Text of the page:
And you know the rest of the story.  Jesus works this first miracle—this first sign/proof—in order to reveal His divine majesty and power.  But… He doesn’t make a big show of it all.  He doesn’t rend the heavens.  The earth doesn’t quake.  The sun doesn’t go dark.  There are no heavenly war trumpets sounding and angelic hosts.  He doesn’t even call attention to Himself.  Jesus doesn’t even stand up and clear His throat loudly so everyone will notice.  He quietly speaks a simple (almost crazy) command to a lowly servant, and that’s it.  His Word works, accomplishing what He purposes.  Many of the people at the feast don’t even know what had happened, other than the fact that the bridal party served the good wine last instead of first.  Jesus reveals His divinity… and it barely raises eyebrows.  He backs in… and His disciples believe. 

My fellow disciples: I direct your attention to this crucifix.  “What to you and to Me?” You can’t save yourself from your sin, no matter how good your intentions may be or how hard you try.  You can’t even save yourself from the common cold!  If you could make payment for even one of your sins, then Jesus didn’t need to die.  But die He did.  “What to you and to Me?” This is almighty God doing something about our sin, although it’s in a very backsided and unassuming way, isn’t it?  Here on this cross, veiled in the flesh of the lowliest of men, here is God’s just and righteous wrath against all sin, and here—at the same time—is God’s immeasurable and incomprehensible love for you.  Here is victory!  Here is life! Here, and only here, is where God Himself provided the God-sized remedy to our deadly sinful condition.  So many people today say (rightly) that we have a huge “God problem” on our hands.  Well… here’s the answer to the God problem.  The answer won’t be found in stimulus checks and vaccines and masks and arbitrary distances and hand sanitizer.  The answer certainly isn’t found in the golden donkeys in Washington, who really do see themselves as our saviors.  Nope.  The answer to the “God problem” is staring you in the face! Behold, the backside of God!  Behold, the Lamb of God, who takes away the sin of the world!  Behold God without dying! 

Folks: Nothing has changed.  In spite of our sinfulness, God continues to have mercy on us, in spite of all our prideful stupidity and stubborness.  He comes to us, even when we, in our ignorance, accuse Him for our sorrows and griefs and make demands of Him, as if we’re in charge and He needs to answer to us.  Instead of striking us down (which we justly deserve), He shows us His mercy, His goodness, His love, and His grace.  Because of His great and unconditional love for us, He continues to “back in,” so to speak, and give Himself to us in ways and means that won’t destroy us, but instead draw us near to Him so that we may have and receive life, in abundance, I might add.  Look no further than this font, where God Himself took you into the palm of His hand and placed you into the cleft of the Rock of Salvation.  “Do you not know…?” Look to the altar.  Look to and listen to what’s being proclaimed from the lectern and the pulpit.  Here is your almighty and gracious God and Lord, essentially “backing in” to our presence so that He may dwell with us and remain with us and feed us, nourish us, guide us, and protect us.  Here is almighty God, in your very presence, loving you, caring for you, and delivering you from all sin, death, and damnation.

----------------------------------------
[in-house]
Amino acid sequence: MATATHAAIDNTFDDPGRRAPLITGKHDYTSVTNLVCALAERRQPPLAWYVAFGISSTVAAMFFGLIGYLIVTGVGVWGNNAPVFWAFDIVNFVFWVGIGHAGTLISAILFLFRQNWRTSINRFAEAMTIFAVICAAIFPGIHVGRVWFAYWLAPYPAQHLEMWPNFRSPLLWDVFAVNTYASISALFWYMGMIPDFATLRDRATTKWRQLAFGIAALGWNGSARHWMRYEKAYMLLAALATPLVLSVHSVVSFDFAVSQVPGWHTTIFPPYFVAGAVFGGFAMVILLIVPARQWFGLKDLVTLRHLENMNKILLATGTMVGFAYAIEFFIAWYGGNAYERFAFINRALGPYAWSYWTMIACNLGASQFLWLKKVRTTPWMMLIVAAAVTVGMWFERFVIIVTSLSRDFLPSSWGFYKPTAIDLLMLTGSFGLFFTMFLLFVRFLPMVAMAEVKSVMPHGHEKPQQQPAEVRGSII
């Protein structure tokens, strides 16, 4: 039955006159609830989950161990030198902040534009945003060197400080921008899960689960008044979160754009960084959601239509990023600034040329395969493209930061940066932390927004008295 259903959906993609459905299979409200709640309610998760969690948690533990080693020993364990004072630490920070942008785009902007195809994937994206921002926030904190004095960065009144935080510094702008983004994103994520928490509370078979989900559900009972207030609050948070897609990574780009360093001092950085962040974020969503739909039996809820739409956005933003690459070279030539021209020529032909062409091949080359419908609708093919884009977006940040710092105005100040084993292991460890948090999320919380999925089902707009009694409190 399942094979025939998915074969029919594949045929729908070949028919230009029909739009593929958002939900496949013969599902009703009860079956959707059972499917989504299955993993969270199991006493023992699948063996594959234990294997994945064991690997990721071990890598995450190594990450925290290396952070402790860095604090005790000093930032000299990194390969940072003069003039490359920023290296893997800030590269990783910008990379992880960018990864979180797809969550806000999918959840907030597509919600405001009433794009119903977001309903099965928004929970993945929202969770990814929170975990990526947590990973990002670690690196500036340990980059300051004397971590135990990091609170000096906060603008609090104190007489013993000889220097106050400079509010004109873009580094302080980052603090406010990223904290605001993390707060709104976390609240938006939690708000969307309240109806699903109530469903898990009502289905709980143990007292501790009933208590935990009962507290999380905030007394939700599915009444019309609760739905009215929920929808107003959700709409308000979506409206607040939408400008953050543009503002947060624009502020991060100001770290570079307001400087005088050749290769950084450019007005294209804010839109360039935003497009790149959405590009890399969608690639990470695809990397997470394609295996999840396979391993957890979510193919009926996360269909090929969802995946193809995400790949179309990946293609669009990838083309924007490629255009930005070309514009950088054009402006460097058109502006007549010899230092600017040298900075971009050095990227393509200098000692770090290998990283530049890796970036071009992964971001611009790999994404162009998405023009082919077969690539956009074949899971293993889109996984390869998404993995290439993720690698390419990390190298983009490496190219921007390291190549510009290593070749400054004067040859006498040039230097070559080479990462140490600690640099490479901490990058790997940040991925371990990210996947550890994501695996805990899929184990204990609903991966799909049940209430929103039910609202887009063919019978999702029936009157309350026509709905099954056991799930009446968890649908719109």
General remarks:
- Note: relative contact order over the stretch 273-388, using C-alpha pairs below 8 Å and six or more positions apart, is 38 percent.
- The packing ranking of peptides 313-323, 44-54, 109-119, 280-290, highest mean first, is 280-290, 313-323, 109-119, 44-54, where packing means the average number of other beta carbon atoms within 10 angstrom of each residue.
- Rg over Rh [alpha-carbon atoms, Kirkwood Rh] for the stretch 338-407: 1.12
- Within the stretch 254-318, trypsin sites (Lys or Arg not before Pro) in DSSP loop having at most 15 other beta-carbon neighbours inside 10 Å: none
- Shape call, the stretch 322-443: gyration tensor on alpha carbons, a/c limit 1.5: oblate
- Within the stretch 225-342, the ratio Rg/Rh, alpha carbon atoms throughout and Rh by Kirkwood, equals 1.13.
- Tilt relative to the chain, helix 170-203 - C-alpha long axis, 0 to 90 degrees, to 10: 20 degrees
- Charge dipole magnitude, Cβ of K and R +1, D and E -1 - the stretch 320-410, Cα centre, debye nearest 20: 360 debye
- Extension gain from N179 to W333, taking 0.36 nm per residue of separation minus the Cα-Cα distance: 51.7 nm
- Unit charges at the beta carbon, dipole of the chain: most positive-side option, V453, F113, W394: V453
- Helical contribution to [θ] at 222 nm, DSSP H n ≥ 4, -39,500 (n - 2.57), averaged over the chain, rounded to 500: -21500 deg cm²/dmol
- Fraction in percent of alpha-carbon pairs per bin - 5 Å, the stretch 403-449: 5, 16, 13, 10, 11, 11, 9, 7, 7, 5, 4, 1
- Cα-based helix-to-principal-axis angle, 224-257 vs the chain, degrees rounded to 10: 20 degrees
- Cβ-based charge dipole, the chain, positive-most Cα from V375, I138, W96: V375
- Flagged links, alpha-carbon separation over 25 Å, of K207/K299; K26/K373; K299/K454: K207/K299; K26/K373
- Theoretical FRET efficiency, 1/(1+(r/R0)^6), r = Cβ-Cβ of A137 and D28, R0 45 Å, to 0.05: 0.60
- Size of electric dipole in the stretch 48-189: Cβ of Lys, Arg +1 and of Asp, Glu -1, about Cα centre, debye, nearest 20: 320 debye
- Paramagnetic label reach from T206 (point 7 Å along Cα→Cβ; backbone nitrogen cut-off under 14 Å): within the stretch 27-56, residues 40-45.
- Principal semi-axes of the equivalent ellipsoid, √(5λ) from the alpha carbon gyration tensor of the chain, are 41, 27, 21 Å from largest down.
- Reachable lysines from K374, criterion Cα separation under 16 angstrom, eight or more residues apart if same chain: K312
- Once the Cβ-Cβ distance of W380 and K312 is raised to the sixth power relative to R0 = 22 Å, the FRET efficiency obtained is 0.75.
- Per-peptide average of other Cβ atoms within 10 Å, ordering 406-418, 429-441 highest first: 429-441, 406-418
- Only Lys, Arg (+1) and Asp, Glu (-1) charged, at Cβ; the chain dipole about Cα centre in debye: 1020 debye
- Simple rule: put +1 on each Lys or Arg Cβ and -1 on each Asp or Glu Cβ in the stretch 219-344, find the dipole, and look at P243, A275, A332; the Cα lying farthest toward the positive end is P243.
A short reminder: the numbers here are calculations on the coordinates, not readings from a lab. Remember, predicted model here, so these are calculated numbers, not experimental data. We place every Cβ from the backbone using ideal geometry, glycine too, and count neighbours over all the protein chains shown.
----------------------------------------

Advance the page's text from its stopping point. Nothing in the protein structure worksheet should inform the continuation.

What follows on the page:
Now…can I make you believe any of this?  The world is a tough and miserable and dark place, and it’s only getting worse.  It’s hard to not look around (like Moses or Mary) and cry out to God for some sort of miracle.  “Do something!  Show yourself!  Explain yourself!” Can I make you look to these ordinary “backside” elements of Word, water, bread, and wine and recognize almighty Christ in your midst, feeding and nourishing you?  Can I make you hunger and thirst for these?  No…that takes a miracle.  That’s the miracle of faith, which God Himself continues to work on you, in you, and through you each and every time His Word is rightly taught and His sacraments rightly administered.  Don’t overlook or shun these miraculous means!  This is how your Bridegroom works! 

My friends: Here is God’s miracle for you.  Here is Christ.  This is how Immanuel—God with us—keeps His promise and abides with us, even as we journey through the dark and shadowy valley of sin, death, and despair.  Regardless of what all the fools may say (including the fool in the mirror, who is often only concerned with saving himself/herself and living a cross-free, pain-free life), here is the most important thing!  Here is the full glory of God for you.  Yes…this glory is veiled, but the full glory of God, which dwells bodily in Jesus Christ, is right here, all for the purpose of manifesting and making known His great love and mercy and grace that He has for you in Christ and because of Christ.  Here is Immanuel—God with us—for you, for your forgiveness, and for a peace that surpasses all understanding and is known only in Christ. 

To Him alone be all the worship, praise, glory, and honor… AMEN.

Feel free to use any or all of this sermon for the edification of God's people. It is NOT necessary to ask my permission for any of it! In fact, you don't have to mention me at all. (I think it's highly problematic when pastors seek credit/glory for sermons inspired by the Holy Spirit!) Give praise to God for the fact that He continues to provide for His people.